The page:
Pebble's Mirror Image in South Korea?

The comparisons aren't accidental. The names make this fairly clear, and those fortunate enough to have visited Golfplan's new seaside tour de force believe that Pine Beach Golf Links in Haenam, South Korea, more than measures up to its inspiration and mirror image - Pebble Beach Golf Links on the other side of the Pacific.

Pine Beach Golf Links quietly opened for play in February, but this resort track - one of a half-dozen Golfplan designs that have opened in South Korea since 2005 - is already the talk of this golf-obsessed nation.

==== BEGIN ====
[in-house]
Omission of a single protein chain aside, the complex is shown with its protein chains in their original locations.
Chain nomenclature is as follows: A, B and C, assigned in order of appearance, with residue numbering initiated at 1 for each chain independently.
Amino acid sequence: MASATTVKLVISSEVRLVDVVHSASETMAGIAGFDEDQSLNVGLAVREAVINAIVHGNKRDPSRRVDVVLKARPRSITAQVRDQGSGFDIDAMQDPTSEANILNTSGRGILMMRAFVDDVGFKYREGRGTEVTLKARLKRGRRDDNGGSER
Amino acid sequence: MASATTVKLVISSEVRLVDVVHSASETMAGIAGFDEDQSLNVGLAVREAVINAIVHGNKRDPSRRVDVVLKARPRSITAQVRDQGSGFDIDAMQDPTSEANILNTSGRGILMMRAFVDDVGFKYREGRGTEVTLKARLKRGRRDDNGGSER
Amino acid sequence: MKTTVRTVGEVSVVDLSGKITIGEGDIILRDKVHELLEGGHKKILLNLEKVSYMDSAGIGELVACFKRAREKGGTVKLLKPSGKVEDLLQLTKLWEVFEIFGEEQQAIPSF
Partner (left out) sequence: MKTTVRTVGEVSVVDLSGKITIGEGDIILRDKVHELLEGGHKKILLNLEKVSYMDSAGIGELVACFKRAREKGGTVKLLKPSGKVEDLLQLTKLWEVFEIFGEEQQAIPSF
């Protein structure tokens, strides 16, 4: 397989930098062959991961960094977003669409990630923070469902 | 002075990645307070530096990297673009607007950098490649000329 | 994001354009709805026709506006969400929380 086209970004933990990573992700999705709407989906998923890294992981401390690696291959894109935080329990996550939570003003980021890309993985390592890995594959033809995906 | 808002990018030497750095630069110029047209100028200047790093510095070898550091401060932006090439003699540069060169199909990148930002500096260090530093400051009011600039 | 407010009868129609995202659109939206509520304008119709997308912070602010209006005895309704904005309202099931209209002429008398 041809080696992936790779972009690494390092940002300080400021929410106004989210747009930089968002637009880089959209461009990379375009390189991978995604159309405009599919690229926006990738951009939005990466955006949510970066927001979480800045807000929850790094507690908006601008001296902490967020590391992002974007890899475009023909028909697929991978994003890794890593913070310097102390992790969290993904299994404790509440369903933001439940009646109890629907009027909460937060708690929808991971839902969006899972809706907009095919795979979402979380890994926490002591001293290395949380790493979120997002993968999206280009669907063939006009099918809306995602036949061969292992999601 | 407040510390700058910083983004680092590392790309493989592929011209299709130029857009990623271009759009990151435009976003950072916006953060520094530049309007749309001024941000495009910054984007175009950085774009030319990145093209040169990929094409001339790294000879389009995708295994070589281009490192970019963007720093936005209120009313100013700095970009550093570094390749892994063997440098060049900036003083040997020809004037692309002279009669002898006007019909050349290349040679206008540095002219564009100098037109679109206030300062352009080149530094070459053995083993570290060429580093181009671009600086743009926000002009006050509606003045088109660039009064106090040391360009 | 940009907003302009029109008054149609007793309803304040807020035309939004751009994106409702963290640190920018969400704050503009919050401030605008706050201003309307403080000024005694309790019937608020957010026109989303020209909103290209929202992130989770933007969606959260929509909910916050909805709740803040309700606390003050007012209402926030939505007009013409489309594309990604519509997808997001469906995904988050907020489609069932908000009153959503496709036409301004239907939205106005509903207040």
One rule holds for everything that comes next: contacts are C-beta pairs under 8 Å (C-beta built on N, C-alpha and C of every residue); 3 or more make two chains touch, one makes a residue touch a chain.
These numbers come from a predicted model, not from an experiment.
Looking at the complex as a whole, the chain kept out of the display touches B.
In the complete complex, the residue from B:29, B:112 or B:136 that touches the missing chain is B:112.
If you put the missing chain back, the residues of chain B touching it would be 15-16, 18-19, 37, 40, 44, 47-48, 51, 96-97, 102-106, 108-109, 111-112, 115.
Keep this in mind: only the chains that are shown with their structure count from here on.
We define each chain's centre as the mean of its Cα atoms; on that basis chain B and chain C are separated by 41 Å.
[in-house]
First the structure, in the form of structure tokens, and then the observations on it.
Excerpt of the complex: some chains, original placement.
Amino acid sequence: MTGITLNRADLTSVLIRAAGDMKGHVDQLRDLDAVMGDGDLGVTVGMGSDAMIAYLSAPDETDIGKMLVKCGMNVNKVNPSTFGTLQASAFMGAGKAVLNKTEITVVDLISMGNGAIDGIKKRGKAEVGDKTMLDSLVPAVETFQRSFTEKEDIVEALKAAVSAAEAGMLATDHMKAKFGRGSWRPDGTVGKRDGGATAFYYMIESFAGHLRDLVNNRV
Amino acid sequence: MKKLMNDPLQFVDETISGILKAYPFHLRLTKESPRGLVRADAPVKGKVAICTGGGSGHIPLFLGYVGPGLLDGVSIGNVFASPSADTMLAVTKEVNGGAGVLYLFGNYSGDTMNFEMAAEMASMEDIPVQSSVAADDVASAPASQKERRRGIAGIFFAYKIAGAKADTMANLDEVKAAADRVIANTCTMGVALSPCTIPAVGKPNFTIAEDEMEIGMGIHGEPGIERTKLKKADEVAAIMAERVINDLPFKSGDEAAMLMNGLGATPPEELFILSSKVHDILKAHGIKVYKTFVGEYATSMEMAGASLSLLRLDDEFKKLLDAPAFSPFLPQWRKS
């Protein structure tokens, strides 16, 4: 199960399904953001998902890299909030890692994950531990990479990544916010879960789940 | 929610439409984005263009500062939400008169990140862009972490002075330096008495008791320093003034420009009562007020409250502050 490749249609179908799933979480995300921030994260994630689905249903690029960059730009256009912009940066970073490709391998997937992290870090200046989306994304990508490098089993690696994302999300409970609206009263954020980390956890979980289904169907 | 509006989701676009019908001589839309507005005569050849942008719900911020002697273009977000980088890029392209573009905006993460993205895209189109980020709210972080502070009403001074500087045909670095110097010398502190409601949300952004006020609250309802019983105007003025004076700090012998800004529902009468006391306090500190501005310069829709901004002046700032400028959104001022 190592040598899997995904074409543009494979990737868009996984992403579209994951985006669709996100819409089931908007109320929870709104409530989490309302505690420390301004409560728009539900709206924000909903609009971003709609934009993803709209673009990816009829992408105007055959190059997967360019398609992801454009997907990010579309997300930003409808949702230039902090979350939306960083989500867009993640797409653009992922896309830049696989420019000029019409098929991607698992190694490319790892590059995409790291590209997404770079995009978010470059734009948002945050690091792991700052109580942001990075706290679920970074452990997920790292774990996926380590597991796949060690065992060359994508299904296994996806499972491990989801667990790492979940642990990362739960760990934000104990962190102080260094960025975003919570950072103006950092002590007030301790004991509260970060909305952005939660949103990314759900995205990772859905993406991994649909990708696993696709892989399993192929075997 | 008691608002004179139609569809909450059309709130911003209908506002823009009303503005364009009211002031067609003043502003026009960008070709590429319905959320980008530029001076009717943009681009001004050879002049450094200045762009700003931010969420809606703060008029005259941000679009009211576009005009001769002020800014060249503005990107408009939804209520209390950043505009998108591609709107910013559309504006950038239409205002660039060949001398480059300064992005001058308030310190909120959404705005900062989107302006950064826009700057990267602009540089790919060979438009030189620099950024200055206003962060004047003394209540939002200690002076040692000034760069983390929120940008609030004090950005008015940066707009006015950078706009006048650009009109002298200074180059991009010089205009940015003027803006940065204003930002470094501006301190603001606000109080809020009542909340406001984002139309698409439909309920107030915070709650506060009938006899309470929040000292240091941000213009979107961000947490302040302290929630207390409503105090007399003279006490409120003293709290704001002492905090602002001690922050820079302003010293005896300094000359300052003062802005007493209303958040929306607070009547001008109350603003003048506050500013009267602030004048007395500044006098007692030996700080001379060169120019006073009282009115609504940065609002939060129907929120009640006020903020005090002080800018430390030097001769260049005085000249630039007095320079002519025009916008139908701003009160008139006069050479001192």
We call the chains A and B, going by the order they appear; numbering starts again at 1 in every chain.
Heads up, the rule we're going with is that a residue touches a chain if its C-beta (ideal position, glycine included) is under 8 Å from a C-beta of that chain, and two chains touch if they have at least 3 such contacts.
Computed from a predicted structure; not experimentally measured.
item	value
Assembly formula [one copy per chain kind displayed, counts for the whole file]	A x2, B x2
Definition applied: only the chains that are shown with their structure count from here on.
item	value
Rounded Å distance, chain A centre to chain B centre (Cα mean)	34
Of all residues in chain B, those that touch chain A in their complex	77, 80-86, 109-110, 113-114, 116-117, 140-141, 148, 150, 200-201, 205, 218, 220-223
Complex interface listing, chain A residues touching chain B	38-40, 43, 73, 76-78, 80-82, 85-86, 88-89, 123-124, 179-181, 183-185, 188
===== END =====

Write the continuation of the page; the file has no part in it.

"It's sort of blasphemous and borderline naïve for an architect to discuss any project in the same breath as Pebble Beach, but the comparisons were obvious and apt before we built any golf holes at Pine Beach," said Golfplan partner David Dale, who directed the project. "The rocky cliffs, the beaches below, the towering headlands with the natural green sites already in place. Just look at the pictures. They speak volumes but, honestly, they don't do justice to the setting or the course."

Of all the Golfplan projects on the Korean Peninsula, the firm's latest creation takes best advantage of that peninsula. Located on the west coast, in Haenam near Gwangju, Pine Beach boasts what Dale calls one of the finest natural golfing sites to come along in the last 50 years. With its 10 holes perched directly on the rocky cliff tops (Pebble Beach boasts nine) and smaller peninsulas extending 200 meters into the sea (perfect for dramatic par-3s, a la Cypress Point), the par-72, 7,290-yard Pine Beach is poised to take the world golf scene by storm.